The following are updates from recent agreements reached between the Radio Music License Committee (RMLC) and Television Music License Committee (TMLC) with American Society of Composers, Artists, and Producers (ASCAP) and Broadcast Music Industry (BMI).
ASCAP and BMI provide blanket performance rights. A performance right is the right to perform music on a broadcast channel. So every time music plays over TV, broadcast on air via the radio, or played over speakers in a restaurant, a performance right is needed. Synchronization rights are the right to synchronize music to video.
If a station is producing its own content such as news, broadcasters need both a performance right and a synchronization right. ASCAP and BMI do not cover synchronization rights.
ASCAP and Radio
Fee structures will return to a percentage of gross revenue at 1.7%. This change is being retroactively applied beginning January 1, 2010. As such, $75 million in industry credits are being allocated as credits over a 5 year period in $15 million increments.
A station’s credit will be determined by the percentage of ASCAP fees paid in 2010 and 2011 the station paid compared to fees paid by all stations for 2012 and 2013. For 2014-2016, credits will be calculated as the station’s overpayment in 2010 and 2011 as a percentage of total overpayments by all eligible stations.
The 1.7% is the blanket rate (less a standard deduction). Program Period licenses are also still available at a rate of 0.2958% of gross revenue (less a standard deduction). The standard deduction is also a change, simplifying the former itemized deductions to a 12% standard deduction on terrestrial and HD multicasting revenue and a 25% standard deduction on new media revenue. Media rights are also being expanded to include new media applications.
BMI and Radio
On June 11, 2012, BMI and the RMLC also reached a settlement agreement bringing to end the two-and-a-half years of litigation. Fee structure and standard deductions mirror the ASCAP settlement agreement at 1.7% of gross revenue less the standard deductions noted above.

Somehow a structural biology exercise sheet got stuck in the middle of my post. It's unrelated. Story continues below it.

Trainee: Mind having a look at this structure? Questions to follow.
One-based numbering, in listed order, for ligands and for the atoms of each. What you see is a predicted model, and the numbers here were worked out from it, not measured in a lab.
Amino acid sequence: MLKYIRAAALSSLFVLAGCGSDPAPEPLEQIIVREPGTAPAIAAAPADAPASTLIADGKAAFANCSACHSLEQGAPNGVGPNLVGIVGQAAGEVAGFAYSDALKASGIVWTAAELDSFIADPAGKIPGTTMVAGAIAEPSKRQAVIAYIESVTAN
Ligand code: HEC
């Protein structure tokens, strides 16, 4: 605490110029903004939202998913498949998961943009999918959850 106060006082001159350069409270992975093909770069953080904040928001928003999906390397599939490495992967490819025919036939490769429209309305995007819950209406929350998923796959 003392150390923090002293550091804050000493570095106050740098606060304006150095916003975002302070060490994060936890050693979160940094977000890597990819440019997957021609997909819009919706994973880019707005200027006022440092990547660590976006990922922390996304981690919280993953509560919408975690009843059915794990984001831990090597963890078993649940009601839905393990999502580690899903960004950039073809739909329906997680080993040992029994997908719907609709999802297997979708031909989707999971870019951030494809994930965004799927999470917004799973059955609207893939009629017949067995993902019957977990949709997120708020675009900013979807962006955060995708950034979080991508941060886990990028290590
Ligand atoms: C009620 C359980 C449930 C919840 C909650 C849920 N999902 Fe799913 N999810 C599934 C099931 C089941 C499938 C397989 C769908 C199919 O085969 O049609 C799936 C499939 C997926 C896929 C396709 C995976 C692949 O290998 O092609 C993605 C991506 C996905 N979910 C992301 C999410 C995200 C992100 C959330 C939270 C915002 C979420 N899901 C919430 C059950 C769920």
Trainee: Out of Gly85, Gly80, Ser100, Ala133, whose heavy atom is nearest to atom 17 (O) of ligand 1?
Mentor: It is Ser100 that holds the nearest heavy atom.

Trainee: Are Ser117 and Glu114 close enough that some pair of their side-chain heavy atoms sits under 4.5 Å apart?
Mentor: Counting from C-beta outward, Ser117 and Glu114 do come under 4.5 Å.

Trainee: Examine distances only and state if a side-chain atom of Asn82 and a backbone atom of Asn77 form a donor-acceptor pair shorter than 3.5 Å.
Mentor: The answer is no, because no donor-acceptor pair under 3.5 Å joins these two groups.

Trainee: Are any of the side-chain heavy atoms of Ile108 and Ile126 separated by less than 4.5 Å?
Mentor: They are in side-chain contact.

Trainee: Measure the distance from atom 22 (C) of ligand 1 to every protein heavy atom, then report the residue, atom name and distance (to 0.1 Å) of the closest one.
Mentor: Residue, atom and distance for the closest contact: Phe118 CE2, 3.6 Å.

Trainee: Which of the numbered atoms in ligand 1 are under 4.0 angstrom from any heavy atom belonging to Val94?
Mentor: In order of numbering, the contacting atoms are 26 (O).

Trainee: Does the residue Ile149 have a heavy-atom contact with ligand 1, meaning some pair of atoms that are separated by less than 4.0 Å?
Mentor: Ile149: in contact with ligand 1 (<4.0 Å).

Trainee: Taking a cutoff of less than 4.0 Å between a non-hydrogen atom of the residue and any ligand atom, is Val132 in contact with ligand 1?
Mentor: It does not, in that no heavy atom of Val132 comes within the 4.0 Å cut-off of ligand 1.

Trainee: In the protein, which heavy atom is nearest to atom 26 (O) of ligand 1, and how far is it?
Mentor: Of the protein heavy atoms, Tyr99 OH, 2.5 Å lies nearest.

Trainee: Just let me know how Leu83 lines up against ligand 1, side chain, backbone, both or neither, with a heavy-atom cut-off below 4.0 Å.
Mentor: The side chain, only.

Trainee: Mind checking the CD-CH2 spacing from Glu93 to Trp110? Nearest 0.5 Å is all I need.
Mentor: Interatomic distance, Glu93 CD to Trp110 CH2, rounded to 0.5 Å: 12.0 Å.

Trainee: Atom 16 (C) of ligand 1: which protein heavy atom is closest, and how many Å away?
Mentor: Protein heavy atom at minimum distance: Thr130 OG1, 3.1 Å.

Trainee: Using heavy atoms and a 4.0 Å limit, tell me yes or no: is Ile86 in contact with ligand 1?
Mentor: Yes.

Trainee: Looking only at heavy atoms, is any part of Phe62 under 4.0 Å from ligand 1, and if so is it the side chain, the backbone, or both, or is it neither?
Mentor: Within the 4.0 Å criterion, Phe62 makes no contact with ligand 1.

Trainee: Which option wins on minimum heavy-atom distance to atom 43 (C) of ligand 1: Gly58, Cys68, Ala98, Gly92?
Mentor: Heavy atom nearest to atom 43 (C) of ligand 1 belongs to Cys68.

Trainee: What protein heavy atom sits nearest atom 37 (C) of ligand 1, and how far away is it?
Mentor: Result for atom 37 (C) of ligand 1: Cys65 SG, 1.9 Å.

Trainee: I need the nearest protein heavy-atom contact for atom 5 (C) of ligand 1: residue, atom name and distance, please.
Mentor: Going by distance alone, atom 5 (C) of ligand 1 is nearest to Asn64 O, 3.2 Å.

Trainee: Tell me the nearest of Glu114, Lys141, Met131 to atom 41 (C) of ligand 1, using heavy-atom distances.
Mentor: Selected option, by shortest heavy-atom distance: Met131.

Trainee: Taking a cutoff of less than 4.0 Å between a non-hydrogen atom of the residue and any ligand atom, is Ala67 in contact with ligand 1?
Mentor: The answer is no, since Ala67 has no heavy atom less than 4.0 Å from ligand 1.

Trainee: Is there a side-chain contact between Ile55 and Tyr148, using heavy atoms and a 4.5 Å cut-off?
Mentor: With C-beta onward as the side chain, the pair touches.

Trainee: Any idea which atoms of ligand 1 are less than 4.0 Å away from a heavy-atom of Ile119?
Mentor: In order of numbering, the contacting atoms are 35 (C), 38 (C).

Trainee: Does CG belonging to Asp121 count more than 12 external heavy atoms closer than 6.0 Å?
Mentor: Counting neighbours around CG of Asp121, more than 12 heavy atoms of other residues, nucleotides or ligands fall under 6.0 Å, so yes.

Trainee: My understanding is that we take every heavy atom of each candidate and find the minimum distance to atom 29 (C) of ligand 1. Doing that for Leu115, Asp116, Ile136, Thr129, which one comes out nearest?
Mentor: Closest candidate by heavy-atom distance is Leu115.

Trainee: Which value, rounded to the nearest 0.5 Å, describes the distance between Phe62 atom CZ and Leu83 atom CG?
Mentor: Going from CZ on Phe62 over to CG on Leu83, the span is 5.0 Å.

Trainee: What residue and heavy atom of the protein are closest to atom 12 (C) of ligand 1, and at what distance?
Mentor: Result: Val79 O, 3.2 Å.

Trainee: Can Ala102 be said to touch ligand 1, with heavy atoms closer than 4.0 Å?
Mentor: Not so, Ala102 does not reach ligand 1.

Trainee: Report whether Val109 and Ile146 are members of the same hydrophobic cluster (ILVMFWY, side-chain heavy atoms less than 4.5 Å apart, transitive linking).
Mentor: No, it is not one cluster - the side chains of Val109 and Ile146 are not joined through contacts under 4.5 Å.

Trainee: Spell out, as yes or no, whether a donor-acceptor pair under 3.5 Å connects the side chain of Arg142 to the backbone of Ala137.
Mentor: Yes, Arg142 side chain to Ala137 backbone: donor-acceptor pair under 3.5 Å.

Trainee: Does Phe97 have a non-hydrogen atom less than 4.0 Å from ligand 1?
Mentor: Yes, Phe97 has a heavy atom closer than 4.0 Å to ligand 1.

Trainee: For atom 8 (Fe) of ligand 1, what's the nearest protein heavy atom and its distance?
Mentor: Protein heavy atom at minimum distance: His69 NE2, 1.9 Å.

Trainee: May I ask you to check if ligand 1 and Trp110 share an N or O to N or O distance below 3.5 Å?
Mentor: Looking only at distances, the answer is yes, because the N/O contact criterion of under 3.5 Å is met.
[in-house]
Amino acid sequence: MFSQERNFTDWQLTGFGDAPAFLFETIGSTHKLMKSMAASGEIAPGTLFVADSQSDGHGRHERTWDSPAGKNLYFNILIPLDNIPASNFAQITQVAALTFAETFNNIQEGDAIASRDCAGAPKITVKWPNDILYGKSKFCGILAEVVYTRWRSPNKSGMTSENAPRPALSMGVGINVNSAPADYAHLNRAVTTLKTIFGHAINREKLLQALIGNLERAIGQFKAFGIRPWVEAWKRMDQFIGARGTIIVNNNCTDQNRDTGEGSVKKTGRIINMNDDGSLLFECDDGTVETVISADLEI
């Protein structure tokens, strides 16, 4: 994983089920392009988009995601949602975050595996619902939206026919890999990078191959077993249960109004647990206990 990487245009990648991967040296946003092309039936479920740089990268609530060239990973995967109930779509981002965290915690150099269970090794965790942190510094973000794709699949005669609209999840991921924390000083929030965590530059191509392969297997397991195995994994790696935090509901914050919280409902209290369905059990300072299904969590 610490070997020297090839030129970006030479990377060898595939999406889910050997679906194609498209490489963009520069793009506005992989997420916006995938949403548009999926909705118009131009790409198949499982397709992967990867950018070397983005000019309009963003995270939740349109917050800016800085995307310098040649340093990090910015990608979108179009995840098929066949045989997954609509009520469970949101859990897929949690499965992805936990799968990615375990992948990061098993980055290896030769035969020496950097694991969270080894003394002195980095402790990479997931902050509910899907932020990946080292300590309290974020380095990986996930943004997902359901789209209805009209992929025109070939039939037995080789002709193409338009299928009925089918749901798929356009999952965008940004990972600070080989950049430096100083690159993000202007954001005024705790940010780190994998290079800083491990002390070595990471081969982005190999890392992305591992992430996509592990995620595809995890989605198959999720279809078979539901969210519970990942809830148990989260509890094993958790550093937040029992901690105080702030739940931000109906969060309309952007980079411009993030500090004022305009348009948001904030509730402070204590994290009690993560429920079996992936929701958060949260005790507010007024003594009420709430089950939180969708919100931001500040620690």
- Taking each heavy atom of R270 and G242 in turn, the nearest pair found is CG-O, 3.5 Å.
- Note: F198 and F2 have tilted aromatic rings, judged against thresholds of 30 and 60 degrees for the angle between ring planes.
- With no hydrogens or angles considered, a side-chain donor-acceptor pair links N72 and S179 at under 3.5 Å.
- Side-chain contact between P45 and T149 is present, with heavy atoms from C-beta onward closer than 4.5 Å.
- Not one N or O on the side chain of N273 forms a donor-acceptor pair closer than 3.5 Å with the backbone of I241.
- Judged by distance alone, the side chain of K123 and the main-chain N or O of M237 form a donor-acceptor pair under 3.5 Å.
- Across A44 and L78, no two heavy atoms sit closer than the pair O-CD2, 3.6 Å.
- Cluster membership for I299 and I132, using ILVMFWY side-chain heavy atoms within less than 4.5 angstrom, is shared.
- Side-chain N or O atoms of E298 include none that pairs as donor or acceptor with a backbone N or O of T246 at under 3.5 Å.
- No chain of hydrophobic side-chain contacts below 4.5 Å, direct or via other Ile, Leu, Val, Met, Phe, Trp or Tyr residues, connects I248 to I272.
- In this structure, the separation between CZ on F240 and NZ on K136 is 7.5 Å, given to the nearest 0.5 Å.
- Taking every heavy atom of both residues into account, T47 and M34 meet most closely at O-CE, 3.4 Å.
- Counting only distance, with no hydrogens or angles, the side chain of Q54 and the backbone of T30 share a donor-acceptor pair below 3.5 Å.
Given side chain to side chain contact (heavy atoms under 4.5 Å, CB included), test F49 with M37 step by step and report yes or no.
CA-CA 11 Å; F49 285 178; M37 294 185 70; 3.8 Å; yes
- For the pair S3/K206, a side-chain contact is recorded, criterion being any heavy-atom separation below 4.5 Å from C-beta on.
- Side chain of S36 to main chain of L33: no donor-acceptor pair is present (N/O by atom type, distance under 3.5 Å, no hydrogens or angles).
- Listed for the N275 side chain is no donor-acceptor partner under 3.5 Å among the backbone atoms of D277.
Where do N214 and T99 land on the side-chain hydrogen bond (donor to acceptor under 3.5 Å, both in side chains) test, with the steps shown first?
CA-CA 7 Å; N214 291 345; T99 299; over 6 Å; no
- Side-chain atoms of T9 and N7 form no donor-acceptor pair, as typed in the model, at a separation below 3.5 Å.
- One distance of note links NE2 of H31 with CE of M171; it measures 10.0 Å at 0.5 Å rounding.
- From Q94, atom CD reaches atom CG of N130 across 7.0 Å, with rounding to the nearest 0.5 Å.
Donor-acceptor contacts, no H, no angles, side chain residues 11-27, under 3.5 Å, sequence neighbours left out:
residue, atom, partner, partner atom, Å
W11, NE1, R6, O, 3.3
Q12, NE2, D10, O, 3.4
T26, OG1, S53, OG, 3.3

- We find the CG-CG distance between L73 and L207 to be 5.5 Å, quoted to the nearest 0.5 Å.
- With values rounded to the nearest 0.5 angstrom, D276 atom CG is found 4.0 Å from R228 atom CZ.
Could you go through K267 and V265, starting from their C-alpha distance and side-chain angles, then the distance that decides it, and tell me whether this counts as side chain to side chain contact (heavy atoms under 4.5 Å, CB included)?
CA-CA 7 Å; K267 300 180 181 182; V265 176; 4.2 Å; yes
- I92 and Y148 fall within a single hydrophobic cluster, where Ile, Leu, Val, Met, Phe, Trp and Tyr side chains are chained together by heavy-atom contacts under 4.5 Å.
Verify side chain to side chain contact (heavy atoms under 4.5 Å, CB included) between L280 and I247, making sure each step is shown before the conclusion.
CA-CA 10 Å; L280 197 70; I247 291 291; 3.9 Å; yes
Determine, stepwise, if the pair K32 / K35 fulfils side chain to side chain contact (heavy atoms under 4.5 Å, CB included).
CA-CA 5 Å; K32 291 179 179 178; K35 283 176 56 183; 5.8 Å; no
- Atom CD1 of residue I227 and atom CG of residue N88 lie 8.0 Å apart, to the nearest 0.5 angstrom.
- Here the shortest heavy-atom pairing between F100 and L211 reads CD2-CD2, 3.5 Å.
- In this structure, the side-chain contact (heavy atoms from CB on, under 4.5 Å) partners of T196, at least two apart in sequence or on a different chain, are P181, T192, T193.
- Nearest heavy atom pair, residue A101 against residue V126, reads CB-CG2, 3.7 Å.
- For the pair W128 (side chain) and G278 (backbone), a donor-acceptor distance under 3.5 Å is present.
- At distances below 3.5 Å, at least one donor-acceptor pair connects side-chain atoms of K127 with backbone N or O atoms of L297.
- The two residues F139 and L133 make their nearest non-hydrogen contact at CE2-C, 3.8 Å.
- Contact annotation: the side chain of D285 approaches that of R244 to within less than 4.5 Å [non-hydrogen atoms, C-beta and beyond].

Rights coverage was also expanded to new media such as internet websites, smart phones, and other wireless devices. This settlement will result in $70.5 million of industry credits to be applied towards future BMI invoices.
Ed Christian, Chairman of the RMLC stated “It is a vote of confidence towards our industry that BMI has agreed to return to the historic percentage-of-revenue fee structure. “
ASCAP and Television
The industry blanket fee is being reduced 3% as of January 1, 2011, and will remain at that level for 2013 and 2014. Fees will increase 0.5% in 2015 and 2016. Per program license fees will be reduced from 1.62 to 1.45 for 2012-2016.
The calculation for determining the blanket fee is based on ratings of the station and a weighting factor for the station's market. The calculations are performed in the fall for the following year. Ratings are determined based on ratings books for three years.
In the July bill, stations should expect to see six separate line items detailing the station's credits that will be applied to each month January through June. Stations that have the minimum blanket fee of $45 a month should not expect a credit.
The new licenses will cover all audio-visual content on station-affiliated websites as well as performances provided via mobile or wireless platforms and any other digital platforms. As such, secondary digital channels are included in the primary channel broadcast blanket fee and do not require additional license fees.
Still pending is the availability of an adjustable fee blanket license.
The start date for this would not be until January 1, 2015. Availability of the adjustable fee blanket license means that you will get a credit for each public performance for which you get a direct license; it does not require that you have a direct license for all of the music in a particular program, but for a specific piece of music. The credit is equal to approximately 50%.
BMI and Television
BMI and the TMLC have yet to reach a formal agreement. Look for future communications when a settlement is reached.
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